- One of the most important and damaging of all conclusions is described in an excerpt saying a farmer could either practice deep plowing — which farmers know is not economically efficient, nor is it conducive to ensuring long term soil health or maintaining proper nutrient levels — while the other option required farmers to use tons of chemicals “without disturbance of the soil profile.” This is objectively inaccurate taking into account the devastation from generations of herbicides, pesticides and insecticides put on fields. As a result, taxpayer money is now going towards mitigating harmful algal blooms, nutrient loading and contamination of water sources caused by agricultural inputs. The study also documented and even encouraged various methods of eradicating “wild hemp” including the use of harmful chemicals my father used that have been known to cause cancer and fertility complications such as 2,4-D .
- Language from the study’s introduction demonstrated the true depth of misunderstandings during the 1970s regarding scientific and perceived differences between industrial hemp and higher-THC, medicinal cannabis. The underlying assumption that making a plant illegal would decrease its use has also been proven inaccurate as a total of at least 33 states now have some form of either hemp or medicinal cannabis regulation in place.
- A final and crucial finding admits the varieties of cannabis that grow throughout Kansas are not only low in potency, but do not fluctuate in cannabinoid content. This means authorities knew at the time of its publication and ratification there was not an objective or scientific justification to eradicate hemp based on the sole argument that it was thought to be a drug (Governor’s Committee on Criminal Administration Bulletin, Volume 1, no. 1, August 1970.)
Clearly an increase in understanding was needed (and in many ways still is) on behalf of institutions of higher education, law enforcement, and the public at large. At the same time we now have the tools in place to understand that industrial hemp and higher-THC, medicinal cannabis are completely different and therefore must be regulated differently. Cannabis cultivated for medicinal purposes cannot be grown anywhere near industrial hemp, as cross-pollination is proven to always decrease its potency. The variations between fiber and ‘drug’ types come in many forms, ranging from physical appearance and time of harvest, all the way to potency and expression of genetic traits. Taking into account the lack of advancements during the early years of cannabis research and the biases explored within this evaluative work, perhaps we can rediscover the importance of the scientific method. Together we have the collective responsibility to identify and accept inconsistencies we find, and decrease suppression of information (whether intentional or otherwise) that has not driven beneficial policies for our citizens or environment.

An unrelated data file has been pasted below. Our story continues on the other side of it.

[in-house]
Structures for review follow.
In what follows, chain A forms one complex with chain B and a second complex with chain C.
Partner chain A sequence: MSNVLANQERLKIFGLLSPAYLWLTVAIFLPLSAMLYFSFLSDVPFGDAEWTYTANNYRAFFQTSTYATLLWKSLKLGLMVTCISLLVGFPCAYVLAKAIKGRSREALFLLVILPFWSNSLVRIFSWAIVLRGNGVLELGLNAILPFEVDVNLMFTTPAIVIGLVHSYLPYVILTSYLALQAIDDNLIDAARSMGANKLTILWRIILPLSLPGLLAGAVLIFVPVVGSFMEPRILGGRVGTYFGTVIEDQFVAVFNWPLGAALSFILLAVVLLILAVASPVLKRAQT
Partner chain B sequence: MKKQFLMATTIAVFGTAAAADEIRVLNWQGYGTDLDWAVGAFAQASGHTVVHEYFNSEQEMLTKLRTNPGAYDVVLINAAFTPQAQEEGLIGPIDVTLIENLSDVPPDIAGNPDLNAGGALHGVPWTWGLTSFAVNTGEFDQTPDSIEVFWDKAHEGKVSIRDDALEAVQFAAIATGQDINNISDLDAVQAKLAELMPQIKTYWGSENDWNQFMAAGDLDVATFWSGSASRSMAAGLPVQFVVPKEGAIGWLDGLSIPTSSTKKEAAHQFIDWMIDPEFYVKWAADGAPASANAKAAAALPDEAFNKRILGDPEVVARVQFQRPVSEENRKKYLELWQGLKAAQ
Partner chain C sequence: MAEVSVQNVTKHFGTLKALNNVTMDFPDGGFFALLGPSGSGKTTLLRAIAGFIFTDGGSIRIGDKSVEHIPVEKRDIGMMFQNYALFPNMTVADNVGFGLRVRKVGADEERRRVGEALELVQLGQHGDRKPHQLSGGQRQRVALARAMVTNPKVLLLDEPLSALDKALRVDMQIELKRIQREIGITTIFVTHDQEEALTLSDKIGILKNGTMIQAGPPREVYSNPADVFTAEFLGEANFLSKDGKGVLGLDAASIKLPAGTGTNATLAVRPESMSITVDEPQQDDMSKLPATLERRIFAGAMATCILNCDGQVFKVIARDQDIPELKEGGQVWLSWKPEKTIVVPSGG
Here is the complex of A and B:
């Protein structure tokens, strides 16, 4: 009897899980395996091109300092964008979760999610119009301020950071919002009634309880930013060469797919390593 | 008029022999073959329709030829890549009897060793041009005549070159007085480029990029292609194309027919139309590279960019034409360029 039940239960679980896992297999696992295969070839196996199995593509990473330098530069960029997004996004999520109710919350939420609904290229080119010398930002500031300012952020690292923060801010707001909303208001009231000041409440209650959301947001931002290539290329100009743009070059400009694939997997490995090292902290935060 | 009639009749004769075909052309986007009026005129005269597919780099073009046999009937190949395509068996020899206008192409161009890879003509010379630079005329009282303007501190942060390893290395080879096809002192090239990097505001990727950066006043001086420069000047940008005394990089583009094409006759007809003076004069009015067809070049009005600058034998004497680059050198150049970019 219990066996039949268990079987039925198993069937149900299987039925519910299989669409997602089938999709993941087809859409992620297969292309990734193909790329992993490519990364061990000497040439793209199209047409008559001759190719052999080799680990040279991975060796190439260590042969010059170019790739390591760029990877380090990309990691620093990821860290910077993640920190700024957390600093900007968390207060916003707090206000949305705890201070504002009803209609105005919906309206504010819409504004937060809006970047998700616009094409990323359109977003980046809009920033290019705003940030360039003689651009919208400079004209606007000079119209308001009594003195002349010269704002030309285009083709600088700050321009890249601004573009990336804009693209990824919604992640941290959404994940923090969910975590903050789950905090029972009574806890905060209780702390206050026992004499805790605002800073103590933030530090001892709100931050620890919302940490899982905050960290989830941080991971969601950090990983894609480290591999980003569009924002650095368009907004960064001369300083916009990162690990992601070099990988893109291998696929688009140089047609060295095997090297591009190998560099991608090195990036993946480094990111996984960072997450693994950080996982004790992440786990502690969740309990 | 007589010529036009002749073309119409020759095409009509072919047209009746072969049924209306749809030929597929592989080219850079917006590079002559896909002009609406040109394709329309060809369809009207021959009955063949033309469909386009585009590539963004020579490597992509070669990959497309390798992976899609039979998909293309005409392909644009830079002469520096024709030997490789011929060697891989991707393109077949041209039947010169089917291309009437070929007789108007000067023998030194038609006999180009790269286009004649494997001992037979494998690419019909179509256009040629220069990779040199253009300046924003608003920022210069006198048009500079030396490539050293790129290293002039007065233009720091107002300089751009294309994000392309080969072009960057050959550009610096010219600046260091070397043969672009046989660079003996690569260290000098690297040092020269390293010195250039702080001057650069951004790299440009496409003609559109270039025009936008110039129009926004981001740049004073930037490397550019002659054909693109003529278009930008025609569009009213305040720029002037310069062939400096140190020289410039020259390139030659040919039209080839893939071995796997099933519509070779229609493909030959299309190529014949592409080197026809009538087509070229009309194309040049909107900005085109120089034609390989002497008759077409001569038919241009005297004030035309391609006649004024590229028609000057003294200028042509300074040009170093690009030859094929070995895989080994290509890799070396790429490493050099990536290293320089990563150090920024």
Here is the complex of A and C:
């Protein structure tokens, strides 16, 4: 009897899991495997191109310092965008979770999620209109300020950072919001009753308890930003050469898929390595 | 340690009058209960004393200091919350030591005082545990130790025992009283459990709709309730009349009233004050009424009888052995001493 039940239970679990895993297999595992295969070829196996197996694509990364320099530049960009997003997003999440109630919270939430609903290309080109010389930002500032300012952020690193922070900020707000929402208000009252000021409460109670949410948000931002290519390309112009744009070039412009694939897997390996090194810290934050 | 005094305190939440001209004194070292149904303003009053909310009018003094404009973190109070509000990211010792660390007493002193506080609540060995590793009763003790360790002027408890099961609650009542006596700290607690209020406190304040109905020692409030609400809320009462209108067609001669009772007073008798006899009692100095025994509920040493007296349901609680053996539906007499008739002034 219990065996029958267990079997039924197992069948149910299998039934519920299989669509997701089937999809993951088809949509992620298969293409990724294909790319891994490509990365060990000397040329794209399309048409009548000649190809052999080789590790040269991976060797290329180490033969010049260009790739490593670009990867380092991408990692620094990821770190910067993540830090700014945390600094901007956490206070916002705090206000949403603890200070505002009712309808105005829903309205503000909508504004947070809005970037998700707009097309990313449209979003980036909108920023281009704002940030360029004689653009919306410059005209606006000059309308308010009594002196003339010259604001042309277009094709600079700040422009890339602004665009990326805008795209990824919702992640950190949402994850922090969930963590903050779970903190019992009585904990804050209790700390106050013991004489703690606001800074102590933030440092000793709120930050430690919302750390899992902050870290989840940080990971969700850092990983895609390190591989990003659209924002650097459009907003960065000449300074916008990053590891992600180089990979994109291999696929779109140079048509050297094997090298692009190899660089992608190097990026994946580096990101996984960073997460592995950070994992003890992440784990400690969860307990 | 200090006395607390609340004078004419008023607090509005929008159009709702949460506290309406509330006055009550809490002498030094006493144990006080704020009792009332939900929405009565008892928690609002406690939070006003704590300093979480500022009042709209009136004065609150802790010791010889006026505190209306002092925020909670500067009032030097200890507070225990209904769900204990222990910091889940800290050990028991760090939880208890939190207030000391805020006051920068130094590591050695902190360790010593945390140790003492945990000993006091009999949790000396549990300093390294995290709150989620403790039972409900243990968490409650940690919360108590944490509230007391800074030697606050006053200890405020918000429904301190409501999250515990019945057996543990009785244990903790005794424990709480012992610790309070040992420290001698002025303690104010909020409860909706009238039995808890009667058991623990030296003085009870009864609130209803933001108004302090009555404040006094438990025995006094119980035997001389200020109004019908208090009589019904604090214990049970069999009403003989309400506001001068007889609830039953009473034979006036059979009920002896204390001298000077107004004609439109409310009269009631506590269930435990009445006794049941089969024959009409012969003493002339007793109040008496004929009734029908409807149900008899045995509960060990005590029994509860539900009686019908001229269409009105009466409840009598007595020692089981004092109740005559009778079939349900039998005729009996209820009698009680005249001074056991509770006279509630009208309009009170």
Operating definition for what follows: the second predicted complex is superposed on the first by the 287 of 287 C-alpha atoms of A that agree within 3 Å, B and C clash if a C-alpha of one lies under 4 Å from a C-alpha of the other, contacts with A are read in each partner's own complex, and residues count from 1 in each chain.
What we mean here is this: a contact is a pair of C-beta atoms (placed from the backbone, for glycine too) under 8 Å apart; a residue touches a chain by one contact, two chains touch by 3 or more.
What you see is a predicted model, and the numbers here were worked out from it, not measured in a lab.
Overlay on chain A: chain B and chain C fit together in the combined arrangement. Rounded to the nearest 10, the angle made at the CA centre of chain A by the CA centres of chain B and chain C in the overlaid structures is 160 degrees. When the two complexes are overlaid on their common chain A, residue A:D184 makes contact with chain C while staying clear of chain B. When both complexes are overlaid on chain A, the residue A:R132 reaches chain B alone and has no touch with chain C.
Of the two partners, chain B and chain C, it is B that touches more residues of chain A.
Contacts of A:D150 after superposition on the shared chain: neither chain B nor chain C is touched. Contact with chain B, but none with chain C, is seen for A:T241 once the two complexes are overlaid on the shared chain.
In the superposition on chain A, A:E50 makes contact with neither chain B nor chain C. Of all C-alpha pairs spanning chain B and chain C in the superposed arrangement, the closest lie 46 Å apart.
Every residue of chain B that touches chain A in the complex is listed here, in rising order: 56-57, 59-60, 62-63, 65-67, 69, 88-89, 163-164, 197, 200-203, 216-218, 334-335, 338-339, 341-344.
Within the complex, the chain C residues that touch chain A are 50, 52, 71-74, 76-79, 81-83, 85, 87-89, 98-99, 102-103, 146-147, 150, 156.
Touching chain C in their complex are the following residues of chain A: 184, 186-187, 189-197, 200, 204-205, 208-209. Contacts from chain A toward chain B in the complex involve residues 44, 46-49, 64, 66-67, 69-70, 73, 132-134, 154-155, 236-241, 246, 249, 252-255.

Farmers know industrial hemp grows well in Kansas and requires fewer overall resources compared to other commodities. Even as a rotational crop to improve successive yields of other crops, hemp is proven to help in multiple aspects. Its cultivation promotes ways of regenerative and sustainable agriculture that are desperately needed in Kansas after decades of depleting water sources for irrigation. Simultaneously, our soil and ecosystems need remediation from the damage of conventional farming practices.
Generally speaking, by understanding assumptions and conflicts of interest of the past, we can make better decisions for our future. In fact, research integrity depends on a constant evaluative process which is paramount to scientific inquiry, because this process is never a one-sided story and then immediately over. Advancements in technology, precision agriculture, ethical research and evidence-based methods are evolving every day. Therefore, it is up to all citizens (professional researchers and lay people) to demand well-informed, neutral practices that ensure transparency in regulation as well as open access data. Through acknowledging the past, embracing modern science to reduce harm and benefit public health and our environment, we carry the responsibility to right the wrongs of the past and limit unfounded restrictions that hinder prosperity among all populations.
- Eaton, B. J., Hartowicz, L. E., Latta, R. P., Knutson, H., Paulsen, A. and Esbaugh, E. 1972. Controlling wild hemp. Report of Progress 188. Agricultural Experiment Station, Kansas State University of Agriculture and Applied Science, Manhattan, KS. 10 pp.
- Latta, R.P. & Eaton, B.J. Econ Bot (1975) 29: 153. https://doi.org/10.1007/BF02863315
- Longevity, Germination, and Emergence of Wild Hemp, (Cannabis sativa L.) by. Jimmie Lee Tuma. B.S. Kansas State University, 1970.